The rather long reading in the service from Secular Evangelism reminded me that young people up to 1970 were undergoing a change in perspective and yet they knew, he said, all the biblical stories. Had he written the book today, he would find an absence of young people and, of course, they don't even know those stories.
From the very beginning, the Salvation Army with its populist militarism and pop music of the day - brass bands - made an appeal to the working class that resulted in only fracturing off a small segment of the respectable (upward viewing) working class. Today it has become a religious anomaly, out of time and place. It retains its social reputation through charitable work but religiously it is an echo of its former self.
The idea of secular Christianity is that Christianity is still true, but it is hidden as Church and all its salvation core is to be found in the actual busy lives of urban people. So an anonymous Christ is redemptively at work. There is a sense in which the Barth-Bonhoeffer and later Death of God line is not liberal, but indeed a secular low evangelical existence. The liberal version would be the Robinson stress on Tillich mixed with Bultmann and then Bonhoeffer, where there are lots of questions asked. The 60s and 70s people pushed the idea that busy, urban people didn't ask questions but got on with things.
The problem is that invisibility, never mind changes of metaphor, involve all sorts of compromises and shifts. Is work or meaningful activity really prayer? Is sin social and corporate, in the main, trapping people into unavoidable compomises? Is being religionless necessarily being political? Sometimes a secular Christian's view of God is simply an active Good, trying to avoid metaphors from below such as Tillich's Ultimate Goodness. Now, Fred Brown as that Robinson figure in his Faith Without Religion, SCM (1971) has a chapter on 'Our Ultimate Concerns' (128-139) but it is not clear that Brown looks from below in terms of a secular person religious questioning.
This brand of theology hasn't really survived, except as a diversion into literary biblical conserving postmodernism. The claim was that the whole Christian thing could happen in the secular, but one wondered whether there had to be a supernatural realm still operating that simply was unobserved and unobservable. Karl Barth had it that way as one-way revelation, but then for him culture was Godless and religionless, whereas these folks saw the actual secular as God-worked. Jesus may have been human and pointed away from himself, but they were still having this person who was uniquely doing redemptive activity, and that involves some sense of other existence beyond the secular! Brown in his 'Our Ultimate Concerns' chapter states:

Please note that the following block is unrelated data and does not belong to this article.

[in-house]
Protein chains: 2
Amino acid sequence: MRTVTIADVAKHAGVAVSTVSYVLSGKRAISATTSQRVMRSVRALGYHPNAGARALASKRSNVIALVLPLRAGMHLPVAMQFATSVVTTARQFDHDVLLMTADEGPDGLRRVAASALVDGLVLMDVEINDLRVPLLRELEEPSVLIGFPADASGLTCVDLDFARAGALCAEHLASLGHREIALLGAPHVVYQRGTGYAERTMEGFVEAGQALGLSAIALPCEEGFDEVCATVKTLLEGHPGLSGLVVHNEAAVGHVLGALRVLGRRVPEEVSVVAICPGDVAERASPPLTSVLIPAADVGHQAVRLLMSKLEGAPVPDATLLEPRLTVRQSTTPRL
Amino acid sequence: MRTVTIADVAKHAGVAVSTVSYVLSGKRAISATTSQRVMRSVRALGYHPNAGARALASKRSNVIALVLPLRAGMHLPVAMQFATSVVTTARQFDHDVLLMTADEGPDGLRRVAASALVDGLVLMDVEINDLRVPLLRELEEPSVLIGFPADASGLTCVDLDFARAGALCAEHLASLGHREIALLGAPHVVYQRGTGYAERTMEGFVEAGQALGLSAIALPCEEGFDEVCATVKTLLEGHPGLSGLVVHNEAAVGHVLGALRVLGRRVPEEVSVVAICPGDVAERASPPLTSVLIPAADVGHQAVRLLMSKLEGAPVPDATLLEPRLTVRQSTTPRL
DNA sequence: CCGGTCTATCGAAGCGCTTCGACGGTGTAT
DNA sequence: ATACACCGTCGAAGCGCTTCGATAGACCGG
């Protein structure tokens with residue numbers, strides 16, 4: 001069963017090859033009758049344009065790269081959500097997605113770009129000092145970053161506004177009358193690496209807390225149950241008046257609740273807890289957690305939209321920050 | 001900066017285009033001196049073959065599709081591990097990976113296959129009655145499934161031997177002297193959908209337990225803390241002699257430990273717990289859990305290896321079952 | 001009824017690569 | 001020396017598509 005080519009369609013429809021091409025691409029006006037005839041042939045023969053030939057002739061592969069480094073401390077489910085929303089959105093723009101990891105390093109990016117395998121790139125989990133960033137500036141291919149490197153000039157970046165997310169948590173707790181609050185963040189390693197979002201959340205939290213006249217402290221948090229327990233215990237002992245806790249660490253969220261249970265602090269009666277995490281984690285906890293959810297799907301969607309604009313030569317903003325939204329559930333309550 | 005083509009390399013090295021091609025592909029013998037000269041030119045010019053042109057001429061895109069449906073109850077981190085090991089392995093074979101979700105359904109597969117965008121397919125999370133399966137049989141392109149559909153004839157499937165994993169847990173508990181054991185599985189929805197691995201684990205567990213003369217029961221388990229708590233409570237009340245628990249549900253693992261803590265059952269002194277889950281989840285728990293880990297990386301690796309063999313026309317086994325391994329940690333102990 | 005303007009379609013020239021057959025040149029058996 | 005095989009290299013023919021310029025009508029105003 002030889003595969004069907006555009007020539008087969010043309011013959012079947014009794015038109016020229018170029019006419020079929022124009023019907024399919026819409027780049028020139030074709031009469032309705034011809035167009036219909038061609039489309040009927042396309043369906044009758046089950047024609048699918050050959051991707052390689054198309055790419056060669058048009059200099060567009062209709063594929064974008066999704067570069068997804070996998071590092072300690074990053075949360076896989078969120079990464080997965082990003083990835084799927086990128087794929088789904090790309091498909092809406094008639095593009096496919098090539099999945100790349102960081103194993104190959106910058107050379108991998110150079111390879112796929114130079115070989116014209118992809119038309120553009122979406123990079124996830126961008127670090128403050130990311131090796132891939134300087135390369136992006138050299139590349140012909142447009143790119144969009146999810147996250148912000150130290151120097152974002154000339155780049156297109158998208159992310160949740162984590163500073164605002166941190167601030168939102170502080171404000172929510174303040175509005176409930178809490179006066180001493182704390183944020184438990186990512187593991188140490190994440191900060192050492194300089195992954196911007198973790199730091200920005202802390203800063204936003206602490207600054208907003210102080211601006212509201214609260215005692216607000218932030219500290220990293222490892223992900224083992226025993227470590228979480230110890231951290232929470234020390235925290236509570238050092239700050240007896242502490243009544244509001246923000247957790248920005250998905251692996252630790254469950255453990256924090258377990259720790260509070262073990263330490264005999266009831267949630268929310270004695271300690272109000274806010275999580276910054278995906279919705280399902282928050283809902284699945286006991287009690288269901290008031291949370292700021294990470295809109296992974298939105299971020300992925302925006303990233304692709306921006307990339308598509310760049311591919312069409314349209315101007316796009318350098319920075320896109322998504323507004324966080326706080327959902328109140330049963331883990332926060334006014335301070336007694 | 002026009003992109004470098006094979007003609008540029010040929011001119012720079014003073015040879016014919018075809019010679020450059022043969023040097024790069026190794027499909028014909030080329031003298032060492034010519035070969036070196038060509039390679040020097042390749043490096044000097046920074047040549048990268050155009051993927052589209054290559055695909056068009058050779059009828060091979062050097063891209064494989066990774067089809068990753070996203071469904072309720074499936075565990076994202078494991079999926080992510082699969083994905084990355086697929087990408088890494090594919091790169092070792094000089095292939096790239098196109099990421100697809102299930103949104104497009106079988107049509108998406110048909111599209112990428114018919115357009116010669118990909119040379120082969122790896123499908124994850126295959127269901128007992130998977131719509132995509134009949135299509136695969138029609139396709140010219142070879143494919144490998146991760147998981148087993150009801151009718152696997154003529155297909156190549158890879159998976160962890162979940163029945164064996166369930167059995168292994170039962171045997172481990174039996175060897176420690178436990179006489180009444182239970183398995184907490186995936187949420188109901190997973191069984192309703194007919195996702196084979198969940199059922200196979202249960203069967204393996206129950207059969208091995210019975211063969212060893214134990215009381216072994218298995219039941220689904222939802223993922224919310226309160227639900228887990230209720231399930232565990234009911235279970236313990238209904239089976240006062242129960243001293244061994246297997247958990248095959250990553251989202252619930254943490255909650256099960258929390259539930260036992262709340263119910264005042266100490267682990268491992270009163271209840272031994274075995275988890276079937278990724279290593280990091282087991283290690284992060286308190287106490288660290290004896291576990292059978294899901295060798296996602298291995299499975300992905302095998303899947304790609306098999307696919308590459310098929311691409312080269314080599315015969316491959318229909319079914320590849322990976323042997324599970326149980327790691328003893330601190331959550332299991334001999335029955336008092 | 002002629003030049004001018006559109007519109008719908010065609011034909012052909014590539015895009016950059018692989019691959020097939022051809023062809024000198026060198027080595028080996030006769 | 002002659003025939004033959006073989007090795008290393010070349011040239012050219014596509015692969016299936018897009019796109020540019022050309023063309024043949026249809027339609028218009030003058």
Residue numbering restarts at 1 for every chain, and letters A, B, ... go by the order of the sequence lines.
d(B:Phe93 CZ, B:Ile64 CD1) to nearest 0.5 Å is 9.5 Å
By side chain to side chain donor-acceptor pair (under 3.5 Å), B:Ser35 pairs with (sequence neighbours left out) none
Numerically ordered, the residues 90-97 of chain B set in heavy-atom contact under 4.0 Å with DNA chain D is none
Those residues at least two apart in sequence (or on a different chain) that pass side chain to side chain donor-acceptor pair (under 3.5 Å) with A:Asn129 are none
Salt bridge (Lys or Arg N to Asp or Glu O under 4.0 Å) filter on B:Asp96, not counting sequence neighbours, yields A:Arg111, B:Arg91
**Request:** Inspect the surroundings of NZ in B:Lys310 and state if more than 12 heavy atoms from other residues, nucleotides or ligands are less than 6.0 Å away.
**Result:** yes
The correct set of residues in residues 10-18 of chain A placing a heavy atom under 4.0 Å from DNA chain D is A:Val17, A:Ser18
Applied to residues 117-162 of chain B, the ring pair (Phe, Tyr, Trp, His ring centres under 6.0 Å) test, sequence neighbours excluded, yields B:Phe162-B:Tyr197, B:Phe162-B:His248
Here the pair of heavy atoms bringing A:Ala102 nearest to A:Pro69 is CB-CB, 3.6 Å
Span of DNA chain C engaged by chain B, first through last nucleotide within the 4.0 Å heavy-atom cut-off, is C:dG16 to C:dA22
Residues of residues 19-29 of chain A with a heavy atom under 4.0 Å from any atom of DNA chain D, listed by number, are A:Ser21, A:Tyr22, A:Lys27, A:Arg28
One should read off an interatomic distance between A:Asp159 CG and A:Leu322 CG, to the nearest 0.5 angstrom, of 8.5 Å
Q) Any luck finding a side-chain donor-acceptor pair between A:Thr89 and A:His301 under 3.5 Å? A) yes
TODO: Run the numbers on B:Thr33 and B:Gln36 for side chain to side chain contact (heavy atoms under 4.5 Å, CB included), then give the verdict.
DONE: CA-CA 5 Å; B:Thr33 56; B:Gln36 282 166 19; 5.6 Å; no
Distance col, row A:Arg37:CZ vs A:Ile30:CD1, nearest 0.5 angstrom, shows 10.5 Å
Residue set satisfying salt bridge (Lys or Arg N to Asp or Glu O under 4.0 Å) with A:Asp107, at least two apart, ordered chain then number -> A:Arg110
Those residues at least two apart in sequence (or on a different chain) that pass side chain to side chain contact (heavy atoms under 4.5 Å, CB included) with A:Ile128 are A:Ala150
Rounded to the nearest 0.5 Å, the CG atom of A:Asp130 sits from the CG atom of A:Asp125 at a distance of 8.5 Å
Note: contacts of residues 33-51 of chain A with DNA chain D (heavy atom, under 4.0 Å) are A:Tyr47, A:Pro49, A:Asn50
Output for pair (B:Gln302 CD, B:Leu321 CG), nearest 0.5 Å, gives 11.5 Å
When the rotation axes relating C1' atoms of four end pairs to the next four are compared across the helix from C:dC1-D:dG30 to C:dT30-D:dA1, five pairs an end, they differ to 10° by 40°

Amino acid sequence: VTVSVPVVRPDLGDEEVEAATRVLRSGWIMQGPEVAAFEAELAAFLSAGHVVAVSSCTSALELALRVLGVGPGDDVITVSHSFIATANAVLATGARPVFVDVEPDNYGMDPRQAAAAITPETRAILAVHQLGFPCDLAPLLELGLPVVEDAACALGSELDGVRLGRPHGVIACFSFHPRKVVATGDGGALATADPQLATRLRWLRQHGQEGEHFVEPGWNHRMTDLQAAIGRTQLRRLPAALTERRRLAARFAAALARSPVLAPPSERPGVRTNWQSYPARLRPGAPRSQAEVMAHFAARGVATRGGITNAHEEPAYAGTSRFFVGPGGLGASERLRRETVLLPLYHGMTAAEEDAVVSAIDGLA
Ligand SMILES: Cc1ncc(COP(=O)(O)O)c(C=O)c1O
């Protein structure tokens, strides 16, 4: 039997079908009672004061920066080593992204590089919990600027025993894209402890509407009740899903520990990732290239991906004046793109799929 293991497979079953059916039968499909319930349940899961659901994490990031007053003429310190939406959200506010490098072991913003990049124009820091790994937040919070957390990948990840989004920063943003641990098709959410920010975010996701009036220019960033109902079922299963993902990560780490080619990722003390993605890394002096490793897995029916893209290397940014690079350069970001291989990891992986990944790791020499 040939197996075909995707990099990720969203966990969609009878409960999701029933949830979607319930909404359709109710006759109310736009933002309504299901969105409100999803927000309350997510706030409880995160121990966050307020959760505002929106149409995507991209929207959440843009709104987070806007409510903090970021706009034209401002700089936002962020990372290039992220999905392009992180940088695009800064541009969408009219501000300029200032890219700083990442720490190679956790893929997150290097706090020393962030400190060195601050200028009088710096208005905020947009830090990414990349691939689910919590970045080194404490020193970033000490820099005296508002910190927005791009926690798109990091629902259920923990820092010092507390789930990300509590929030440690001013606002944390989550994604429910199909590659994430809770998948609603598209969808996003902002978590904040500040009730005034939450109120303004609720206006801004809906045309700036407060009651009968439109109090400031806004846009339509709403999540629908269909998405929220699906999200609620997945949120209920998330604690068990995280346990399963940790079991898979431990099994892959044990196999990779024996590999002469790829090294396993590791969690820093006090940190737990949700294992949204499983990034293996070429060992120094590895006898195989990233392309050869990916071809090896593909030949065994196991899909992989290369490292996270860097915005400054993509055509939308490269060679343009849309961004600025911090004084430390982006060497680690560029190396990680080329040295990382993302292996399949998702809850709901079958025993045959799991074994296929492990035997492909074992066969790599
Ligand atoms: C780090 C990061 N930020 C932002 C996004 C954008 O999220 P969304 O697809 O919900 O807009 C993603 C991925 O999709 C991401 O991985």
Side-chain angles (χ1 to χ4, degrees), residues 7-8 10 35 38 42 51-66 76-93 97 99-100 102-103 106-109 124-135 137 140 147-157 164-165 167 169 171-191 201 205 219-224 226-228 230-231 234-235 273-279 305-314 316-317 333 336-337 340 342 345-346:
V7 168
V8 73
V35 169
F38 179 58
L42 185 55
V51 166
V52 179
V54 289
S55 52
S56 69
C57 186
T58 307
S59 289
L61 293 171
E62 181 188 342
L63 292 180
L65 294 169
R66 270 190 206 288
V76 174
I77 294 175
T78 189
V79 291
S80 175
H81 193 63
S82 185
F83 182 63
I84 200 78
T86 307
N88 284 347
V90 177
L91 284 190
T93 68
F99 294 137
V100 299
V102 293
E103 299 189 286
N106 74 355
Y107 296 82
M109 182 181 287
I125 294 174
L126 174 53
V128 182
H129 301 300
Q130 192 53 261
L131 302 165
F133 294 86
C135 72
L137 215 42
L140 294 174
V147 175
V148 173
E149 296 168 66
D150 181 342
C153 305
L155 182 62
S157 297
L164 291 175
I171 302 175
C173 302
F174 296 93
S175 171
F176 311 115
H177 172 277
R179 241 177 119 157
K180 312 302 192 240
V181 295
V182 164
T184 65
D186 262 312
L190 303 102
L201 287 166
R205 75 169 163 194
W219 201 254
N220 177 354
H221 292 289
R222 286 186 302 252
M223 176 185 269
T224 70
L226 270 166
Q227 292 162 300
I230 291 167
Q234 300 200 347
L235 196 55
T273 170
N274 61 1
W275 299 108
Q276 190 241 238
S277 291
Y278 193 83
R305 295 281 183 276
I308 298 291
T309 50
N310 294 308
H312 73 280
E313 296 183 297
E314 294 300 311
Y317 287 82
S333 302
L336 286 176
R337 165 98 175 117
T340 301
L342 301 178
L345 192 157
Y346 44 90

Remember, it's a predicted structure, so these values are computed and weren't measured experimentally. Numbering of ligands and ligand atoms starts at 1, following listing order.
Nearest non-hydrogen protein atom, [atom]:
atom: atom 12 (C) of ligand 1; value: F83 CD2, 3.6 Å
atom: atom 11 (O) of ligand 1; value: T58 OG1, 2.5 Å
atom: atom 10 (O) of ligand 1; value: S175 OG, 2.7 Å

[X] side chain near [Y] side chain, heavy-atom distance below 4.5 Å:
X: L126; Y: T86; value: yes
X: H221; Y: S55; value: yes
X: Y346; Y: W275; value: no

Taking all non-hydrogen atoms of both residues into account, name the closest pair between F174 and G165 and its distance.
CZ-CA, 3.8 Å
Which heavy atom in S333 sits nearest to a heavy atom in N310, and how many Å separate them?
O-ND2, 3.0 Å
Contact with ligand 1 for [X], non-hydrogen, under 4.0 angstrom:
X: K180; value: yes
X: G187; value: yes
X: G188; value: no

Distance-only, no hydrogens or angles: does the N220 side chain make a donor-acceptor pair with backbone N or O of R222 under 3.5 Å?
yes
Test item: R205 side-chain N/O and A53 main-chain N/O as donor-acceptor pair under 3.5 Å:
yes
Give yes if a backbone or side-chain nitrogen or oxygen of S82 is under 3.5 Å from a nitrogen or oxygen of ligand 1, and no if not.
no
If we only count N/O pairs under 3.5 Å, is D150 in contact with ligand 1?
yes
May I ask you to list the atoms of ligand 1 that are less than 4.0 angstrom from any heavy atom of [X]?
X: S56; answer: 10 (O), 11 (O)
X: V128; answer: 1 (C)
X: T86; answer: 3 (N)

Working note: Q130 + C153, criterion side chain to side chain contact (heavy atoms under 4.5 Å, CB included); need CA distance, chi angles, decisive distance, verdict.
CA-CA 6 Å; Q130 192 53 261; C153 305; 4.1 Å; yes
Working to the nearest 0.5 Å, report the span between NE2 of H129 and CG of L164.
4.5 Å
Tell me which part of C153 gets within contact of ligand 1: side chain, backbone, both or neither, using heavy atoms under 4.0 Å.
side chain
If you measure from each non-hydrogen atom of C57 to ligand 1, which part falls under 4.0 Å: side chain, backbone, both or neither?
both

Only from within a human relationship of love and forgiveness is it possible to glimpse the reality of God's love and forgiveness, a relaity which is admittedly filled out by Jesus Christ, but one which clearly is not known only by conscious faith in him. Otherwise, how can we explain the faith of secular man, his faith in the gospel of resurrection and his intuitive conviction that 'justice and mecy are at the centre of the universe'? He does not think and say that 'God is dead and that Love is God'. The God of institutional religion appears to be dead; he knows that and takes it for granted, but he does not care enough about God as such to worry about whether he is dead or alive. God seems unquestionably irrelevant, and that's all that matters to secular man. The significant thing is, however, that he goes on living as though the essential elements of Chirstianity are valid. Beyond his knowing he dwells within the revelation that Jesus brought into the world and thereby explores the truth that sets men free. (134-135)
Talk about having it both ways! The answer is simple: the secular person can simply be optimistic that life has been lived to its fullest in its presentation, or that one has been in a position of acceptance. This is what being a transitory human means - we come, we make of it what we can and do, and then we go, and we are not unhappy about it. Fred Brown might think that the whole scaffolding of another reality is still there, brought in by some Palestinian rabbi of necessary divine power, but if others don't then we don't. Indeed Fred Brown is not an example of a secular person, with all his questions and retained affirmations. And if such a doctrinal reality is operating, the secular person ought to be told about it because he or she is lacking some essential information.
So no ultimate wonderings there, except by Fred Brown and the others he has used in his Barth to Bonhoeffer and Death of God (but not dead) theology. As I suggest, these days the inheritors of this strand will do a Bultmann in a conservative sense and go to the drama of the gospel record and the interaction of God with text at one (big) remove from general culture. They will want to ask the secular person to transfer over to the drama as a believing participant. You cannot say it is 'true' in worldly terms, but it is true in revelatory and dramatic terms, as a story underpinned by the invisible God made visible there.
I think this is a cop-out and a nonsense. Narratives are important to a patterning human mind, but that is it. But all these stories are more like art, because there is no test for them. History cannot reach the pseudo-biography, except to speculate over sayings, plus the shift from that into 'orthodoxy' really is cultural; and science and social science are uninterested - really uninterested. The death of Christianity as an intellectual explanation for anything is not some shift into a dark zone but because it simply has had it except as a piece of art work or as yet another means, in its ritual activities, to bind people together and give a sense of overview. But we can do that and discover ethics and our sense of place and being without intervening gods.